Switching to a sustainable pension could be up to 27 times more powerful than going vegan and stopping flying combined, according to the campaign group Make My Money Matter.
Image: Zbynek Burival
A woman who smelled Parkinson’s on her husband has helped scientists develop a test, which they claim can detect the disease in under three minutes using a skin swab.
Created by the University of Manchester, the test looks for changes in the sebum, the oily layer that protects the skin. It was developed after Scotland’s Joy Milne noticed that her husband Les smelled differently. He was later diagnosed with Parkinson’s.
Milne’s observation led to a Parkinson’s UK-funded study, which suggested there are chemical changes in the sebum in people who have Parkinson’s.
Prof Perdita Barran, who led the University of Manchester research, said: “We are tremendously excited by these results, which take us closer to making a diagnostic test for Parkinson’s disease that could be used in clinic.”
Image: Joy and Les Milne. Credit: Parkinson’s UK
It was a week in which it felt like autumn arrived early in the UK.
The shift in seasons often brings coughs and sneezes, so Positive News spoke to health experts to find out what people can do to boost their immune systems.
From eating certain foods to hanging out in forests, this is what they had to say.
Image: Nordwood Themes
The department store Selfridges has pledged to further embrace the circular economy, offering perhaps the most significant intervention yet from a major UK retailer into the reuse and repair market.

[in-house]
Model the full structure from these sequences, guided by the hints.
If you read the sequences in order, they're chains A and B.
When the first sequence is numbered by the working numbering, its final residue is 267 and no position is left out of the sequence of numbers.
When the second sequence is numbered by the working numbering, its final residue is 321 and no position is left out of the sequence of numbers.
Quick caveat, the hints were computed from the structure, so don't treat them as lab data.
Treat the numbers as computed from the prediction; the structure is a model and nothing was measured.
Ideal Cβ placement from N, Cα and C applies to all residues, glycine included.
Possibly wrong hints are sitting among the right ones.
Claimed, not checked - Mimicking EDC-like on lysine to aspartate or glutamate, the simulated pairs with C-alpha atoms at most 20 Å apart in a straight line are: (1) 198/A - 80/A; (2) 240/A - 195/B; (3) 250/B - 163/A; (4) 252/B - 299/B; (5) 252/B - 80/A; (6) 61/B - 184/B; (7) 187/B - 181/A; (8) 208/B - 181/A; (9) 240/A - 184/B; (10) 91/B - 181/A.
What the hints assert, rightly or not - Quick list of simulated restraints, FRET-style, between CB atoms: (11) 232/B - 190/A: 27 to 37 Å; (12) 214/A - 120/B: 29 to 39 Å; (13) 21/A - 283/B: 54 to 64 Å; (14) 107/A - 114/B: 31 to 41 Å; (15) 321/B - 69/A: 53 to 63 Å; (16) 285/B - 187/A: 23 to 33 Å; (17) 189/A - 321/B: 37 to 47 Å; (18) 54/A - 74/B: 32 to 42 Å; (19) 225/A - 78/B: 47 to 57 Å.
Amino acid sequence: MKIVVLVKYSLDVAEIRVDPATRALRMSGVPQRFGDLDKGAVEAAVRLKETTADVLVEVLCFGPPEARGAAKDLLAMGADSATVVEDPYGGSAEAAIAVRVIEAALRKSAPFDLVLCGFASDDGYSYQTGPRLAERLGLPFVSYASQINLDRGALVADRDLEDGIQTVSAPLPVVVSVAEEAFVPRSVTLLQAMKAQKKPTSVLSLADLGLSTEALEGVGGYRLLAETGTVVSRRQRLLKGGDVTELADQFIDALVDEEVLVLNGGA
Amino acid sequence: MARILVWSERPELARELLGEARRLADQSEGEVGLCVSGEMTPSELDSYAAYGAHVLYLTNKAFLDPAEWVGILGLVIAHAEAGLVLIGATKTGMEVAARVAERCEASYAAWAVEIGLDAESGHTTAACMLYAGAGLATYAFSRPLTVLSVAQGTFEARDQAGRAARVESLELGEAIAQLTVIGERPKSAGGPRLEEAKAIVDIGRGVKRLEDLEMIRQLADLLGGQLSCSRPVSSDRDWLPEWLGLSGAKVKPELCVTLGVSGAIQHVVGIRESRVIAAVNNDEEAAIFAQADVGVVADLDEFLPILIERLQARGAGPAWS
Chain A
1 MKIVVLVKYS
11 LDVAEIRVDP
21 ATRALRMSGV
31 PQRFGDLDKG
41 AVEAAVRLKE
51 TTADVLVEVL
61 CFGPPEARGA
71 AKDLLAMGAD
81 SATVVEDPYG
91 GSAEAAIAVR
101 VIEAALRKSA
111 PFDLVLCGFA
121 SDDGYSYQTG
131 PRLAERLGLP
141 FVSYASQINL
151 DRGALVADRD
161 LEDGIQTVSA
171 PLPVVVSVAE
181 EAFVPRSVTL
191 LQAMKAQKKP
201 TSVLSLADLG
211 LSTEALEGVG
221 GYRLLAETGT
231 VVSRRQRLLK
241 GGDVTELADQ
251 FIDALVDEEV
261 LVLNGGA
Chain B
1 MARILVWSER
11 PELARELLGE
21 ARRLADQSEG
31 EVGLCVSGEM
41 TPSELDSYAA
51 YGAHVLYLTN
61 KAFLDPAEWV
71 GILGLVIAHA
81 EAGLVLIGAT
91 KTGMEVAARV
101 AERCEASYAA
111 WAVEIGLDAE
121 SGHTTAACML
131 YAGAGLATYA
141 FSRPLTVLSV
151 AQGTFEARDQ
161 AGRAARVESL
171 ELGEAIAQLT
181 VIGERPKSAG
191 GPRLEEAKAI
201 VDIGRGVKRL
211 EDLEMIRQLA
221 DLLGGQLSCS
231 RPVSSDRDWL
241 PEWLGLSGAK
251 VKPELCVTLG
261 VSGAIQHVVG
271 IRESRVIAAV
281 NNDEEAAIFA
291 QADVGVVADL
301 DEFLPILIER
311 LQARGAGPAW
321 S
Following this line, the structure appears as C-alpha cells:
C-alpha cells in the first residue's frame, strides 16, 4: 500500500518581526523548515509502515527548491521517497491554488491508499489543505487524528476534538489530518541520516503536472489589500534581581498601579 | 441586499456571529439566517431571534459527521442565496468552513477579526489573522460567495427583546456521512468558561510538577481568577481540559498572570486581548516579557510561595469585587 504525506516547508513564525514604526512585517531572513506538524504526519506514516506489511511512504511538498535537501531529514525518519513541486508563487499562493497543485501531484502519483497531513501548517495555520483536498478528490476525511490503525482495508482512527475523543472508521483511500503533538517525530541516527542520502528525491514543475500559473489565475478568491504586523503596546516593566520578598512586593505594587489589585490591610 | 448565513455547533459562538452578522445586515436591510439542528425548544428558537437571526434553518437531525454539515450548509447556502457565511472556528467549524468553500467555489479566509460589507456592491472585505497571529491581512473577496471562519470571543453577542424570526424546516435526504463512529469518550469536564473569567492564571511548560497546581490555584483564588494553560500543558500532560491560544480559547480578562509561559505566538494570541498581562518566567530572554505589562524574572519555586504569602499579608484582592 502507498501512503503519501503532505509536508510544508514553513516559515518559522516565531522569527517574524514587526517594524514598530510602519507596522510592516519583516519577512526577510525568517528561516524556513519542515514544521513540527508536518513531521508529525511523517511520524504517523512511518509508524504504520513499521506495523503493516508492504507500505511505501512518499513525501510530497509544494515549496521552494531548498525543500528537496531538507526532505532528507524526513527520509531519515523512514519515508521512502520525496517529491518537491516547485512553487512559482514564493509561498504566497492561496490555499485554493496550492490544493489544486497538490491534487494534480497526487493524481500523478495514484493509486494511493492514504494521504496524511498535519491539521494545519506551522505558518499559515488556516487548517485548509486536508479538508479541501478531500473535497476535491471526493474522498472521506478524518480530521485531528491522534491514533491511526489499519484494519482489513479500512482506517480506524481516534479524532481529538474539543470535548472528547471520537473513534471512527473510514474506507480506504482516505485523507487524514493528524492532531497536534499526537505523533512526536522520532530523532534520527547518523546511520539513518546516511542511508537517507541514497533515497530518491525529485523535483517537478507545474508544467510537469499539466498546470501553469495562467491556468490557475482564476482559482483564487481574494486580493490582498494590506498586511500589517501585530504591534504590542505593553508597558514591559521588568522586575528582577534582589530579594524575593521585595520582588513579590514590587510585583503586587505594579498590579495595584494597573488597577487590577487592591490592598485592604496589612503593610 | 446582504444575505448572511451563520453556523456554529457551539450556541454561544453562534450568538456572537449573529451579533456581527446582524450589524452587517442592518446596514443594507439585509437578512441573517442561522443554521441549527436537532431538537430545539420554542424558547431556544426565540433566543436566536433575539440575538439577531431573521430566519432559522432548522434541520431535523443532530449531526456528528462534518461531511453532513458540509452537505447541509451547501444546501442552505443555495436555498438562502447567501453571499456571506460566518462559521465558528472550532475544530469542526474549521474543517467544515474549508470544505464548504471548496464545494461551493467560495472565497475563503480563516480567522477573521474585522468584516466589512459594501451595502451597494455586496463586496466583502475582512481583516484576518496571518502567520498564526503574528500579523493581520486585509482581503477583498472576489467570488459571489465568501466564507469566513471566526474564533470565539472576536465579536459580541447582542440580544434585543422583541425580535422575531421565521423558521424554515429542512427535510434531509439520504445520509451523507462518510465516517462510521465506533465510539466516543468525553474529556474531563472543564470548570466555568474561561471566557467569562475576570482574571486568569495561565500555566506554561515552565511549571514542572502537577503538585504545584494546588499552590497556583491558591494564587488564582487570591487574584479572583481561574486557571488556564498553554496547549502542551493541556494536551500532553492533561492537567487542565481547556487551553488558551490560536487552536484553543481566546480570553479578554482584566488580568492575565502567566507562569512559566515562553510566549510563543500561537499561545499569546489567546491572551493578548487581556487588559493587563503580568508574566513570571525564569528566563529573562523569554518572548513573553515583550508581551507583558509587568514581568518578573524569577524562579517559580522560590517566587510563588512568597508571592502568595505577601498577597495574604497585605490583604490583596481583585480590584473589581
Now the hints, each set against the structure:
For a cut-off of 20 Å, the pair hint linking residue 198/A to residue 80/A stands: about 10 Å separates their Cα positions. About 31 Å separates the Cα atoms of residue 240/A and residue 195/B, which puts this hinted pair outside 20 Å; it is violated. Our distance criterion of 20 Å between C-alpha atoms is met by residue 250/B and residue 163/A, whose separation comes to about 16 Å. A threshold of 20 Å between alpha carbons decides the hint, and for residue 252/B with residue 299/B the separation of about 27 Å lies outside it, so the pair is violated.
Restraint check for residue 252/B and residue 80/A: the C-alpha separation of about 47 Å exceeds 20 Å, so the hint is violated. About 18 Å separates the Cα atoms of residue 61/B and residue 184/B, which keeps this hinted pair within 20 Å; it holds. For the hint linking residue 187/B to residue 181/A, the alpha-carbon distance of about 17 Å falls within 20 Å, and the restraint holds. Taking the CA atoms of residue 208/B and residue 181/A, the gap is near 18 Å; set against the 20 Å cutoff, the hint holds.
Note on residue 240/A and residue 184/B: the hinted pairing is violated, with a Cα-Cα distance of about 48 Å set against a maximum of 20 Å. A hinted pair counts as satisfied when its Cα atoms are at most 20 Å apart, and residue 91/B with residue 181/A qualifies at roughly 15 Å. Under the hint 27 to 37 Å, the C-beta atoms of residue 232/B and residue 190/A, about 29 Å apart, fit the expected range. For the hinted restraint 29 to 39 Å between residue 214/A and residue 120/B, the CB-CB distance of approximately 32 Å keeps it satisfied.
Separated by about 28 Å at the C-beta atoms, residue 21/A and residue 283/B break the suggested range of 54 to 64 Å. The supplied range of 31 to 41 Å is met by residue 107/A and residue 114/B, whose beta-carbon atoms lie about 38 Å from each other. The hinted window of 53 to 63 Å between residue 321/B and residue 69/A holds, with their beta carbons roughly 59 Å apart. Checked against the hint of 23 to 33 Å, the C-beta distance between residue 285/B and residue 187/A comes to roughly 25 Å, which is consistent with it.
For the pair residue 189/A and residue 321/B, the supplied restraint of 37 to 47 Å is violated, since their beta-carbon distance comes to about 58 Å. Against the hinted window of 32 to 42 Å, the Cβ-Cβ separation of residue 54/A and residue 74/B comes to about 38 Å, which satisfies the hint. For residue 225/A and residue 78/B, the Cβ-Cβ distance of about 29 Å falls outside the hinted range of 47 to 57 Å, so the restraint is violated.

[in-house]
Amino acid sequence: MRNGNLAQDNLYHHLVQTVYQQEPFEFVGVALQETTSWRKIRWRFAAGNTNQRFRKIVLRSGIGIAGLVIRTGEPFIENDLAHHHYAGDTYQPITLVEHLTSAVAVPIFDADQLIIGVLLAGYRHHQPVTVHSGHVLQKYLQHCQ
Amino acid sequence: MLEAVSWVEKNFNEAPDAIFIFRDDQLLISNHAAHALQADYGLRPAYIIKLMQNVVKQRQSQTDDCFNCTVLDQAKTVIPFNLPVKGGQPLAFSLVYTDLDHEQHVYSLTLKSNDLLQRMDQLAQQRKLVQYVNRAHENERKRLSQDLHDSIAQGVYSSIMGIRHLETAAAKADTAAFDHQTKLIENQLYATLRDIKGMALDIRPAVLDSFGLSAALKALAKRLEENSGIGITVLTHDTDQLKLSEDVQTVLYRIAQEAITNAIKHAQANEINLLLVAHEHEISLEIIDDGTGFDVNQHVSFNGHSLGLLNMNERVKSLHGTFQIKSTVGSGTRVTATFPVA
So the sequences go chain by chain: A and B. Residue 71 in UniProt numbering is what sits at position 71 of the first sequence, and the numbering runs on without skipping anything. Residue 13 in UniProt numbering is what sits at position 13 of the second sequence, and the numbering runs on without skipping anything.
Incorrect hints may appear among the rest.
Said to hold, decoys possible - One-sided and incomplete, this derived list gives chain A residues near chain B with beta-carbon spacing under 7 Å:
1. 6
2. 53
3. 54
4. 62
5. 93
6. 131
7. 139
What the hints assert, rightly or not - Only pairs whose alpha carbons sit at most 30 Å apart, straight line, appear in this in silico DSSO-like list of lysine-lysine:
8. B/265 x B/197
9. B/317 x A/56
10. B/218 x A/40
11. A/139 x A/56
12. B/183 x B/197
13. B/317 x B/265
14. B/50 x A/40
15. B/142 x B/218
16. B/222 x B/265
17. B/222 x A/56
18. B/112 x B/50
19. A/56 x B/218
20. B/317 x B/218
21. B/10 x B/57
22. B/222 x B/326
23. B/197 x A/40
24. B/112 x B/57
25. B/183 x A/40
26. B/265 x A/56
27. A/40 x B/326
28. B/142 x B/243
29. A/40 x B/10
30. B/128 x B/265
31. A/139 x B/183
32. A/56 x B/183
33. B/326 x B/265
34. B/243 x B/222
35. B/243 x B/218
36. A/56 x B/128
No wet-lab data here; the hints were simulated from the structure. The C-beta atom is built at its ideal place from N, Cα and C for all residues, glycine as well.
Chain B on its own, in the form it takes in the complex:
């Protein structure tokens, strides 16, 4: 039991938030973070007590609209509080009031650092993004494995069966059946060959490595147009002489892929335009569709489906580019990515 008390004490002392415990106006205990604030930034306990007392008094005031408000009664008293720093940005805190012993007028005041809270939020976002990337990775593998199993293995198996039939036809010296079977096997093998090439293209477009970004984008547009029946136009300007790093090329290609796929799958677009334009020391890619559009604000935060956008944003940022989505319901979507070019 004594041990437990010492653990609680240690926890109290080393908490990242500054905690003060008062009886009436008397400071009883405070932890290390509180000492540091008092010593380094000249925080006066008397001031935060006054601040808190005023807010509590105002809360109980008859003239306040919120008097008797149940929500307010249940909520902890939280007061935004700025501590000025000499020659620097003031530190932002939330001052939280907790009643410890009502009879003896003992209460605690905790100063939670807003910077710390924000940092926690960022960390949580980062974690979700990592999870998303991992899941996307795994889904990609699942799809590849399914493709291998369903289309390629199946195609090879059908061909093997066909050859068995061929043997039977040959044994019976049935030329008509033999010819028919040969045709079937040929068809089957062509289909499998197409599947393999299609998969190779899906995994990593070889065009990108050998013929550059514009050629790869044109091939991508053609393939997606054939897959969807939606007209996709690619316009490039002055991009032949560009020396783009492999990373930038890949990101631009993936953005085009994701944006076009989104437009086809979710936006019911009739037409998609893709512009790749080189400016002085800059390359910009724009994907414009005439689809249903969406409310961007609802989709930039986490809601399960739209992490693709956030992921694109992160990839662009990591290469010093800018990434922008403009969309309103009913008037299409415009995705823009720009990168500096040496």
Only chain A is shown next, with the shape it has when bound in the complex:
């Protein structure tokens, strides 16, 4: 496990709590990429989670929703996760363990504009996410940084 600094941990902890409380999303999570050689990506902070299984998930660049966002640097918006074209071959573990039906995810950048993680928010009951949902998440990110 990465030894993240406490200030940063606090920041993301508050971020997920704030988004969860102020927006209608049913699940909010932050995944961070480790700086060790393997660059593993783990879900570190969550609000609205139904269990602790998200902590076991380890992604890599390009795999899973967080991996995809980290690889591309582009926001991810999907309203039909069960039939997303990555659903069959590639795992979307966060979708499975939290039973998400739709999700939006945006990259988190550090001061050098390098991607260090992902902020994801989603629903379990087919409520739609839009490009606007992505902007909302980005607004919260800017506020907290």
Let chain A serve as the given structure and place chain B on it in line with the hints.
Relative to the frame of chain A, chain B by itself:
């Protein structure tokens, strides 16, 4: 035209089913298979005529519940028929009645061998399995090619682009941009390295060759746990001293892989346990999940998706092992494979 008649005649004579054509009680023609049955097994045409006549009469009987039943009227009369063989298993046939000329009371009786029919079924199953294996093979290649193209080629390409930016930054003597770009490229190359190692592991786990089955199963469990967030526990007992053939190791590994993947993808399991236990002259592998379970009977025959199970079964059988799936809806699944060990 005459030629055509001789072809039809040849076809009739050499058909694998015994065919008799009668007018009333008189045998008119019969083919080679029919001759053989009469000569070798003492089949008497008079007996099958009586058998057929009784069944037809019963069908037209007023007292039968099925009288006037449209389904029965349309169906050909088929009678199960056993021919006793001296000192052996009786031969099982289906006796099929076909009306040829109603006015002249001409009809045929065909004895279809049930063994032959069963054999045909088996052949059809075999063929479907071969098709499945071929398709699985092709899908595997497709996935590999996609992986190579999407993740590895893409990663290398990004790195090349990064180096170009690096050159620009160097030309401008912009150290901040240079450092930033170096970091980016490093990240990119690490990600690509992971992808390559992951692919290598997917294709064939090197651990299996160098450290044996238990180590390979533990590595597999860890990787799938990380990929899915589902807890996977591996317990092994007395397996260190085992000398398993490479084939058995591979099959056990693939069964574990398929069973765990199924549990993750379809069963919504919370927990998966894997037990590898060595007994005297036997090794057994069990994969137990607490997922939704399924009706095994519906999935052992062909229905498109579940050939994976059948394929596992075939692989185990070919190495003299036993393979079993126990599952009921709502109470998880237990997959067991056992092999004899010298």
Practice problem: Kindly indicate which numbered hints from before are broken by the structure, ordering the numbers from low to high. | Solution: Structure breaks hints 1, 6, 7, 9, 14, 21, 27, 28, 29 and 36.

Selfridges said that it wanted 45 per cent of all its sales to be driven by circular products by 2030. The retailer is making progress: it claims to have facilitated over 28,000 repairs, rented more than 2,000 items, and sold more than 8,000 products as refills so far.
Andrew Keith, Selfridges’ MD said: “We must commit to a fundamental shift in the way that we do business and use the Selfridges platform for change.”
Such shifts have been happening at a grassroots level for years. In Manchester, England, a startup has transformed an empty shopping centre unit into a repair hub for clothes. It’s one of many pioneering circular economy initiatives.
Positive News reported this week on the rise of guerrilla gardening in the UK, where scruffy parcels of land are being transformed by communities to boost biodiversity and wellbeing.
“People often feel outside of the democratic process: they feel powerless,” said Pam Warhurst, who helped transform a litter-strew alley in Belfast into a flower-filled garden. “When people go out their back door, clear up rubbish, plant greenery, grow food and talk to their neighbours, that’s like a revolutionary act.”
Image: Elaine Hill
The makers of two children’s cartoons have moved to enhance the diversity of their characters in a bid to better represent underrepresented groups.
It was announced this week that Thomas & Friends is to get its first autistic train character, Bruno the Brake Car.
Meanwhile, Peppa Pig included a same-sex couple for the first time in an episode released on Tuesday.
A polar bear hanging out of a window, a bonobo cradling a mongoose, a giraffe hiding under a railway bridge – these are just some of the stunning images entered into this year’s Wildlife Photographer of the Year competition.
Highlighting the fragility, resilience and beauty of the natural world, this year’s images bring the biodiversity crisis – and power of conservation – into sharp focus.
Get a peek at some of the entries here.
Image: Dmitry Kokh/Wildlife Photographer of the Year
Main image: Bill Wegener